“The first song Jimi played was ‘Hey, Joe,’ and I stayed. you know? I didn’t even know about the rest of the performance. What I saw was a guitar virtuoso, I saw the best guitarist I had ever seen in my life”, Chandler narrated years later, who, for that night, added many sleeplessness, obsessed with finding the right person to play that same song. . He found it made of phalanges, nails and meat. Seeing Hendrix was a sign, a revelation. Chandler offered to take him to London to prolong the epiphany, and Jimi made one condition: he had to meet Eric Clapton. Shortly after, on October 1, I was playing with him and his band Cream at the University of Westminster. His Fender Stratocoaster—on temporary loan from Keith Richards, through his girlfriend Linda Keith, Hendrix’s friend and “Ruby Tuesday” muse—was up against Clapton’s Fender Stratocoaster. He was Slow Hand, he was God, the man whose lifelines were nylon strings making music from his palms, from his burning flesh. The newcomer was combustion itself. The man the guitar had to play in order to have a life and a howl of his own. One that returned the pampering stimulating her with his whole body, licking her, rubbing her, biting her, changing her arm, shaking her between her legs, on her back, with fire.

After surviving that function –Clapton would later say: “He left [del escenario] and my life was never the same again”-, Jimi Hendrix would spend the next 4 years surprising the public while exhibiting from the stage, impudent and lethal, the erotic passion that he lived with his instrument, which was nothing more than the continuation of itself. Because at the height of his stratospheric talent, he was a lover and an onanist at the same time. Jimi Hendrix was to the guitar what Hugh Hefner was to Playboy in those same years: the only one who could completely undress her, and with her her own inner demons.

Jimi Hendrix released just three albums in the very short 4 years that his career lasted. Like a guitar solo with closed eyes that goes by very quickly. Just one last performance at the Hotel Samarkand, in Notting Hill, on the night of September 17-18, 1970, would remain as the final echo. And a supposition, like the last flame of the forest hell that were its 27 years of existence: that in the midst of the dream of barbiturates and wine in which it left, a last impulse perhaps moved its fingers in the air to touch, once again, its guitar. As if he was going to save his life thanks to a Stratocoaster, a Gibson Les Paul, a Guild Starfire V or a Fender Jazzmaster, some of the guitars he played. Fingers. Fingers to cling to an instrument as if his life depended on it, as if he needed a weight to keep him on the ground so as not to ascend, weightless, while he makes music. If he could really turn 80 today, would he still burn them?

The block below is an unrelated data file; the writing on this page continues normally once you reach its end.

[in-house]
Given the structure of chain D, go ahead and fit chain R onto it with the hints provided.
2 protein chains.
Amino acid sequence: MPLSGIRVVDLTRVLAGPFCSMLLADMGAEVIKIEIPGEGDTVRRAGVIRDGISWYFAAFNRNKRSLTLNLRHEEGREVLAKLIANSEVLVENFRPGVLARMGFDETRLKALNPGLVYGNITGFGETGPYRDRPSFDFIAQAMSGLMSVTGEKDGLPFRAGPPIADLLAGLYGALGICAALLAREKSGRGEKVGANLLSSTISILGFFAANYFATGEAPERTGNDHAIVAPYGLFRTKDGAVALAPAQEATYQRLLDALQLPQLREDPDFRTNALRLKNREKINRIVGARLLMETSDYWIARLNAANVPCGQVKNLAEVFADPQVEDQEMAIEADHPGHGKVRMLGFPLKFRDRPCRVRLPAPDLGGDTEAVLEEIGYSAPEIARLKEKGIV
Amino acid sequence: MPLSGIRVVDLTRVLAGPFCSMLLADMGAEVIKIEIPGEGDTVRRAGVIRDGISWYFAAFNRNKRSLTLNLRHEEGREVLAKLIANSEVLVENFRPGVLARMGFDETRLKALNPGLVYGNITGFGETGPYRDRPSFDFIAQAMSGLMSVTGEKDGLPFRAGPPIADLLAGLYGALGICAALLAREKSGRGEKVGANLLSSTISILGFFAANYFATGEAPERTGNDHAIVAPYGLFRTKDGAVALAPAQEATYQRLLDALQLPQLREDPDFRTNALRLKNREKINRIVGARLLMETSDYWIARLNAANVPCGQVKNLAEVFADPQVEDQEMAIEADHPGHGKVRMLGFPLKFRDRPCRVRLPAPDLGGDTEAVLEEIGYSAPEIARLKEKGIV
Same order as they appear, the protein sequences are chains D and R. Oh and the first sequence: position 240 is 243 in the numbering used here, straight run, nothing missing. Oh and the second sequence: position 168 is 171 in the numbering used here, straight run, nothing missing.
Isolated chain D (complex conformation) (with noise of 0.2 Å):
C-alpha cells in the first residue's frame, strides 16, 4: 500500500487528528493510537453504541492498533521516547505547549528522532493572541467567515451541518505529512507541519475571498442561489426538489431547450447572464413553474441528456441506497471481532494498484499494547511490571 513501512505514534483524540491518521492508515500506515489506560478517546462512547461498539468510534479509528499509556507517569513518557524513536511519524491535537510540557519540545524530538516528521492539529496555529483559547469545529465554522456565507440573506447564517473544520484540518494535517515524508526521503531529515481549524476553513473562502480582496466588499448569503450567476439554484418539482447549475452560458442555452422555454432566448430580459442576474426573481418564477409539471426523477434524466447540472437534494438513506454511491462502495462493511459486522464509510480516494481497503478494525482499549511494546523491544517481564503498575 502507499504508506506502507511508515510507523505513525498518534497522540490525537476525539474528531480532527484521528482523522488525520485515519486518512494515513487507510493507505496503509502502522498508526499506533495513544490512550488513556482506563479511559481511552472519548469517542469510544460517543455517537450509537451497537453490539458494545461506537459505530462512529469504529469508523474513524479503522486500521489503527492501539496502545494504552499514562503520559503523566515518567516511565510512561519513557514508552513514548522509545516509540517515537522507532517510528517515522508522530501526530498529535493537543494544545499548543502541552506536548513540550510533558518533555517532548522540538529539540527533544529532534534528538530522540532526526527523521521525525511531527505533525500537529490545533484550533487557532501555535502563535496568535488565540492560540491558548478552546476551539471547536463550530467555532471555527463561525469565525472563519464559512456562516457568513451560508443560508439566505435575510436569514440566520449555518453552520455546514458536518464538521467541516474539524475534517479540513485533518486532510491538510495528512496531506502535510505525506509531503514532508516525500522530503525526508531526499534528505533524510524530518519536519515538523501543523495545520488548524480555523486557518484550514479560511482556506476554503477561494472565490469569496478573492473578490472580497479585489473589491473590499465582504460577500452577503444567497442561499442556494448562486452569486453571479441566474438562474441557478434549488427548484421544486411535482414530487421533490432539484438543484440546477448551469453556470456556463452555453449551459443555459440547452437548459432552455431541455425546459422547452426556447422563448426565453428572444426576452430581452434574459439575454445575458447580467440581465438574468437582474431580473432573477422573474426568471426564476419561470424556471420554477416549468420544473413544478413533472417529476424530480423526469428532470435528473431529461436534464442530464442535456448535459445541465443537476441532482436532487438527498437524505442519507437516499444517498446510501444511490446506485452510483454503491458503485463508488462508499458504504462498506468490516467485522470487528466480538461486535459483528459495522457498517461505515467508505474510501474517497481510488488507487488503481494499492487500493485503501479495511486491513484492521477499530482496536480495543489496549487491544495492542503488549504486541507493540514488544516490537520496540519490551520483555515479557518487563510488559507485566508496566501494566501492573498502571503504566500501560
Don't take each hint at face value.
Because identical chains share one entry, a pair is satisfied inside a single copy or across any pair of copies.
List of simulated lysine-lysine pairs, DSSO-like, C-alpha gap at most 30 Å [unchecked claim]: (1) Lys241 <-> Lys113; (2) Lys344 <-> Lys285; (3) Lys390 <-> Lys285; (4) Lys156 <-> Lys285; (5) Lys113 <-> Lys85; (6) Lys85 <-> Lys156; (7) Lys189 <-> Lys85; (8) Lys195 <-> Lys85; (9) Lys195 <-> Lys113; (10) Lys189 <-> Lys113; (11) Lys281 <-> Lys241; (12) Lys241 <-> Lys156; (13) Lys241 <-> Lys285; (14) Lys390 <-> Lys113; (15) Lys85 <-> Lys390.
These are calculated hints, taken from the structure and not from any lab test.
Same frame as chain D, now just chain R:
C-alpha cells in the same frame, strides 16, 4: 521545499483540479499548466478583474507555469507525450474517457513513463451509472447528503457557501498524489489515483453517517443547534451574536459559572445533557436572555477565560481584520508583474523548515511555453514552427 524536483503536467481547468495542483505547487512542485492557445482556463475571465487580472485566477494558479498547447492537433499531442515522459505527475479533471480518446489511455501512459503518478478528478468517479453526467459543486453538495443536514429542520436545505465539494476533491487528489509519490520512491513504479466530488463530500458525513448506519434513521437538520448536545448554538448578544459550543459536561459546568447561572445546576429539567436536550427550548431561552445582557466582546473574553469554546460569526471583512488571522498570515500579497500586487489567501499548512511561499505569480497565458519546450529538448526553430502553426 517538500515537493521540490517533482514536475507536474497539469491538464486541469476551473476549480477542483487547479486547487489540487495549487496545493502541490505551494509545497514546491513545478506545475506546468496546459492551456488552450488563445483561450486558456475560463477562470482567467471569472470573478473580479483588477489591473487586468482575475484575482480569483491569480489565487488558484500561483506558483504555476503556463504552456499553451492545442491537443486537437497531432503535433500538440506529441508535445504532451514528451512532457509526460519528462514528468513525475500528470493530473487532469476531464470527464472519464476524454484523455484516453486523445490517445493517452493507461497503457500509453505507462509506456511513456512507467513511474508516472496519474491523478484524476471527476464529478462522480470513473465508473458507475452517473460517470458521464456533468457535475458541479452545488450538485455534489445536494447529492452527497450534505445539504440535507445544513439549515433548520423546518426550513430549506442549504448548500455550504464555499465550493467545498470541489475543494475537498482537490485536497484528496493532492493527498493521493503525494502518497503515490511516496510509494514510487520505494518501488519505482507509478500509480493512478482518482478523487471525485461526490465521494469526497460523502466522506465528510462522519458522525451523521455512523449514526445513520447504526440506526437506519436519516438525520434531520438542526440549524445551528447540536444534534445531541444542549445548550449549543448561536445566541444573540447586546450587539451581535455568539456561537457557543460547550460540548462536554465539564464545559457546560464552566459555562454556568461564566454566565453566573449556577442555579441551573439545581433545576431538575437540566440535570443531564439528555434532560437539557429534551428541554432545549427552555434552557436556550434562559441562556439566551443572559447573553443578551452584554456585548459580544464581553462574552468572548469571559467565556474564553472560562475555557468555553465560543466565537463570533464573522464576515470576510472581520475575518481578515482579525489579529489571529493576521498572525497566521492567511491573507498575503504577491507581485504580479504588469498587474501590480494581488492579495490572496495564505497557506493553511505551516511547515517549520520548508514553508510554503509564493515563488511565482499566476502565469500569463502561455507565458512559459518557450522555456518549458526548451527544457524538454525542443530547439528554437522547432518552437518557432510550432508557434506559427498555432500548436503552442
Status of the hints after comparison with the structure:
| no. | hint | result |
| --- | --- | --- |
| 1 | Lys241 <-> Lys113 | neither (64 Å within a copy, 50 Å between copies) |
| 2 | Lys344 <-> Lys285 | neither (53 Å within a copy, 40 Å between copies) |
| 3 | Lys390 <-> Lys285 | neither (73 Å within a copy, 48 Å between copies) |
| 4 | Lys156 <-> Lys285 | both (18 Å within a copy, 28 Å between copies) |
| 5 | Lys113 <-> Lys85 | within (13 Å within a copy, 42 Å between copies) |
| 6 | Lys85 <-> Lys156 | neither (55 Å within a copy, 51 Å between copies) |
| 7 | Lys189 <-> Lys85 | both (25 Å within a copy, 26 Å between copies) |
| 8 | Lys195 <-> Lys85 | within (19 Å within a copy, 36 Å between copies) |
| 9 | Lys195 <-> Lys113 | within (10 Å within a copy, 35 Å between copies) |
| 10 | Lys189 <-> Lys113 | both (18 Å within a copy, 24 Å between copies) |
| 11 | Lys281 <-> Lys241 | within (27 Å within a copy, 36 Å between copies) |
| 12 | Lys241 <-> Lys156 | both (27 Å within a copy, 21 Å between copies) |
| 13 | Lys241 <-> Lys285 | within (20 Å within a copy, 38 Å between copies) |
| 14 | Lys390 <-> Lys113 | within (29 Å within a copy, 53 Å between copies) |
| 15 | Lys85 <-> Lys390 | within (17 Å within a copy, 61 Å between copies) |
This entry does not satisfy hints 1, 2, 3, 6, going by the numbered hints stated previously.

“I want to make music so perfect that it filters through the body and is capable of curing any disease,” he once said. The day Jimi Hendrix didn’t move his fingers again, the world died a little more. Fortunately, it was not forever, because, in the manner of Johnny Carter/Charlie Parker, the protagonist of El Perseguidor, the famous short story by Julio Cortázar, songs like Hey, Joe, All Along The Watch Tower, Fire, The Wind Cries Mary , Wild Thing or Purple Haze, Jimi is playing them tomorrow. He already touched them tomorrow.

Source: Elcomercio